I…I’m not sure how I feel about Aquaman with a mustache. I liked bearded Aquaman a whole lot, but mustachioed Aquaman? That’s something I’m going to need to think about. In the meantime, go look at Robinson's art.
More rogues galleries: On the subject of rogues galleries, Tom Spurgeon’s last Five For Friday feature was fun: “Name Five Members Of A Rogues Gallery NOT Batman's, Dick Tracy's Or Spider-Man's And Don't Identify The Hero.” The results were pretty wide-ranging, and while some of ‘em were awfully obscure, it makes for a great list of proper names to read, even if you don’t recognize them all. (The image above, incidentally, identifies one of the heroes and two of his "rogues").
"The Champion Bad Guy": One of the many Golden Age characters I’ve always been fascinated with, despite only having read about rather than read actual comics stories actually featuring the character, is the villain Iron Jaw. R. C. Harvey writes about Iron Jaw at some length for The Comics Journal, noting what made him such a scary, compelling customer and that in many ways he seems to have been decades ahead of his time, a villain whose ilk became common in the 1980s, but was fairly alien back in the Golden Age.
FY Sims and Bellegarde!: Invincible Super-Blogger/ally of comics Chris Sims collaborates with Hector Plasm artist Nate Bellegarde for one of Comics Alliance’s occasional “Great Comics That Never Happened,” and their issue of The Tomb of Dracula is a great Marvel + Vampires mash-up of the sort the publisher has been doing on their variant covers recently, only pushed a wee bit further. The punning name of the…vampirized characters if cool, but it’s all the little details that make the image. It’s a great cover…I just wish there was a comic book under it.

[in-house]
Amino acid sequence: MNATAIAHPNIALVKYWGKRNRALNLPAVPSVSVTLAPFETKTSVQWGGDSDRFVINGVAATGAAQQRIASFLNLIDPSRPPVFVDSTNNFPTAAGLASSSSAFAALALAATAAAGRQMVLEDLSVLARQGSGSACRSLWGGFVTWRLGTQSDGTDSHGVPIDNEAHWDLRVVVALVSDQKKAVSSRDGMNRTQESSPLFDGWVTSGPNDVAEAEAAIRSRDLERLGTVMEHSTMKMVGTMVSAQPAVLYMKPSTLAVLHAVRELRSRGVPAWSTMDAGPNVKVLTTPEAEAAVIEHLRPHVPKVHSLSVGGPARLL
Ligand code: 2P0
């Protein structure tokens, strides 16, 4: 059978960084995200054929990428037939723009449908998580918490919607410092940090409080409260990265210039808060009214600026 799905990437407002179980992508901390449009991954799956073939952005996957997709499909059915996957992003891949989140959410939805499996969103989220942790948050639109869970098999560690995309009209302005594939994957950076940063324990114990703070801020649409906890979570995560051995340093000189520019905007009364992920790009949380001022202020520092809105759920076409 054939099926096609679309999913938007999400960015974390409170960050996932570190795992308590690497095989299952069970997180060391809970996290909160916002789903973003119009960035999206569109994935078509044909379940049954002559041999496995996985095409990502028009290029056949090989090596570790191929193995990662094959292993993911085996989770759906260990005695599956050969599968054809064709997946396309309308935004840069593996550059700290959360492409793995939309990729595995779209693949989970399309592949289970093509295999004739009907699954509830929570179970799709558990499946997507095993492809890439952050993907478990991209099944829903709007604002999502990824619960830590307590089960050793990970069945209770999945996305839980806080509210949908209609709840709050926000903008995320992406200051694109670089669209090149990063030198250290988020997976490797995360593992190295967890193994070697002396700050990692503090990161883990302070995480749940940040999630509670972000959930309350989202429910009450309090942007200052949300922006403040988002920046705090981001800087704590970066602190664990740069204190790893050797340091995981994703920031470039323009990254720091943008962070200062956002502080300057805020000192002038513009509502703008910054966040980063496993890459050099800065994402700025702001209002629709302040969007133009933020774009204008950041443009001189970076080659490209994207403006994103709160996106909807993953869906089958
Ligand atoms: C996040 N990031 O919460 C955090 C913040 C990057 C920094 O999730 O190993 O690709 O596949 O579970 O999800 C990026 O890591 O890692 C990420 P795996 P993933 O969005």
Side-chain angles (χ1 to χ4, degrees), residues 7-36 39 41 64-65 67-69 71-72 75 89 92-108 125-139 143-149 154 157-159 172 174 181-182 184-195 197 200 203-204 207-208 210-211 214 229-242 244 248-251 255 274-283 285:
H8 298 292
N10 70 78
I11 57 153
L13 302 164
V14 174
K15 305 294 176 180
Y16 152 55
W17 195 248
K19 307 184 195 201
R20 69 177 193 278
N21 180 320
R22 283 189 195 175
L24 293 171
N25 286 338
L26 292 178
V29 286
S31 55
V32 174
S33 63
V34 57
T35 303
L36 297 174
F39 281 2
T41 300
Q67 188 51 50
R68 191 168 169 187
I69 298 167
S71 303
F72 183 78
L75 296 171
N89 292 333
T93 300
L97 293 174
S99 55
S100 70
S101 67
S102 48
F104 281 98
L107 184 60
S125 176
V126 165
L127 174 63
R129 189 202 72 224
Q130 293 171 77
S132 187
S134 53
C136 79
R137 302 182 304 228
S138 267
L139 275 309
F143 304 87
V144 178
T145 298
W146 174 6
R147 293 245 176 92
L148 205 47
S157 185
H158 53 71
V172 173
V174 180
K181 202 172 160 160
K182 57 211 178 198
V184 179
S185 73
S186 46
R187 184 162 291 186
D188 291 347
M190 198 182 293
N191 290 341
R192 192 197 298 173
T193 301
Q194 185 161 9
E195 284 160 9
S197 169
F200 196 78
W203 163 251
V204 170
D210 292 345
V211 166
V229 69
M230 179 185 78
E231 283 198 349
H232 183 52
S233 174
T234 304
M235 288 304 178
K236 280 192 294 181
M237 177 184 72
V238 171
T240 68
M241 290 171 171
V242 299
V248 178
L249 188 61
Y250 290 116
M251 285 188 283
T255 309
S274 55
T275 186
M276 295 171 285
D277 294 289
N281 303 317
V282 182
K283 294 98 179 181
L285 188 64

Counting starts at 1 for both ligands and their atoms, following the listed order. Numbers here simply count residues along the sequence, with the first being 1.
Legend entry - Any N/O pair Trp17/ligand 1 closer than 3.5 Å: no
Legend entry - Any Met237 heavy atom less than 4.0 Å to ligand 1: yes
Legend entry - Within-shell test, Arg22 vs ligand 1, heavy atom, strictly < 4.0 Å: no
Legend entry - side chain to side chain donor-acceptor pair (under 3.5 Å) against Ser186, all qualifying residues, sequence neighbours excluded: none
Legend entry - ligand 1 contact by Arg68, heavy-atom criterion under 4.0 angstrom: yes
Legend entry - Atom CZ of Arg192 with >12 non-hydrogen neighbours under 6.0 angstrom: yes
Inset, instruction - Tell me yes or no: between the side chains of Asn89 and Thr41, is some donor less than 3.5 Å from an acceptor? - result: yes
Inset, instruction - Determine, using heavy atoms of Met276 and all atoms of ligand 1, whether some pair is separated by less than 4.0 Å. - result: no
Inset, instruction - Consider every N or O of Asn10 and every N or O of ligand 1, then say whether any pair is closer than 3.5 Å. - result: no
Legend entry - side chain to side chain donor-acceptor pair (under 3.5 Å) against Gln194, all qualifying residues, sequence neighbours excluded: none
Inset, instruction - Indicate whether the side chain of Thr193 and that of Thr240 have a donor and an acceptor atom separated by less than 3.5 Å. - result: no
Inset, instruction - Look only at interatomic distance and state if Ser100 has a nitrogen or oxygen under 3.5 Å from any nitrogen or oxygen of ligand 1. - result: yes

DC’s August: I didn’t notice until I read Marc-Oliver Frisch’s analysis of DC Comics’ sales chart at The Beat, but apparently Green Lantern, Batman: The Return of Bruce Wayne, Batman and Robin and The Flash all failed to ship.
Now, there are two other Green Lantern titles and about 18 other Batman titles, but Green Lantern is the only of the three GL books to feature the primary, movie-starring Green Lantern Hal Jordan, and the two Bat-books that didn’t ship are the two Grant Morrison-written ones, which are the flagship ones steering the good ship Batman; the other Bat-titles are more particular flavors catering to the specific tastes of Batman readers.
All in all, that’s three-fourths of the guys on that pin! And Superman’s only book at the moment may have shipped in August, but he just walked around and preached for 22 pages, right?
I’m not surprised that the two Morrison books failed to ship, but two Geoff Johns books failing to ship seems pretty unusual.
Also of note, DC’s best-selling books had Deadman and Hawkgirl on the cover; Deadman hasn’t carried his own monthly in…my lifetime? And Hawkgirl’s book, the renamed Hawkman, lasted only 16 issues before DC axed it in 2007.
I find it amusing that a book featuring those two, plus Martian Manhunter, Aquaman and Firestorm—all of whom have also had titles canceled in the last decade or so (repeatedly, in Aquaman’s case)—are carrying DC’s best-selling book (And even if Johns’ GL and Morrison’s Bat-books would have shipped, Brightest Day would still be one of the company’s better-selling titles).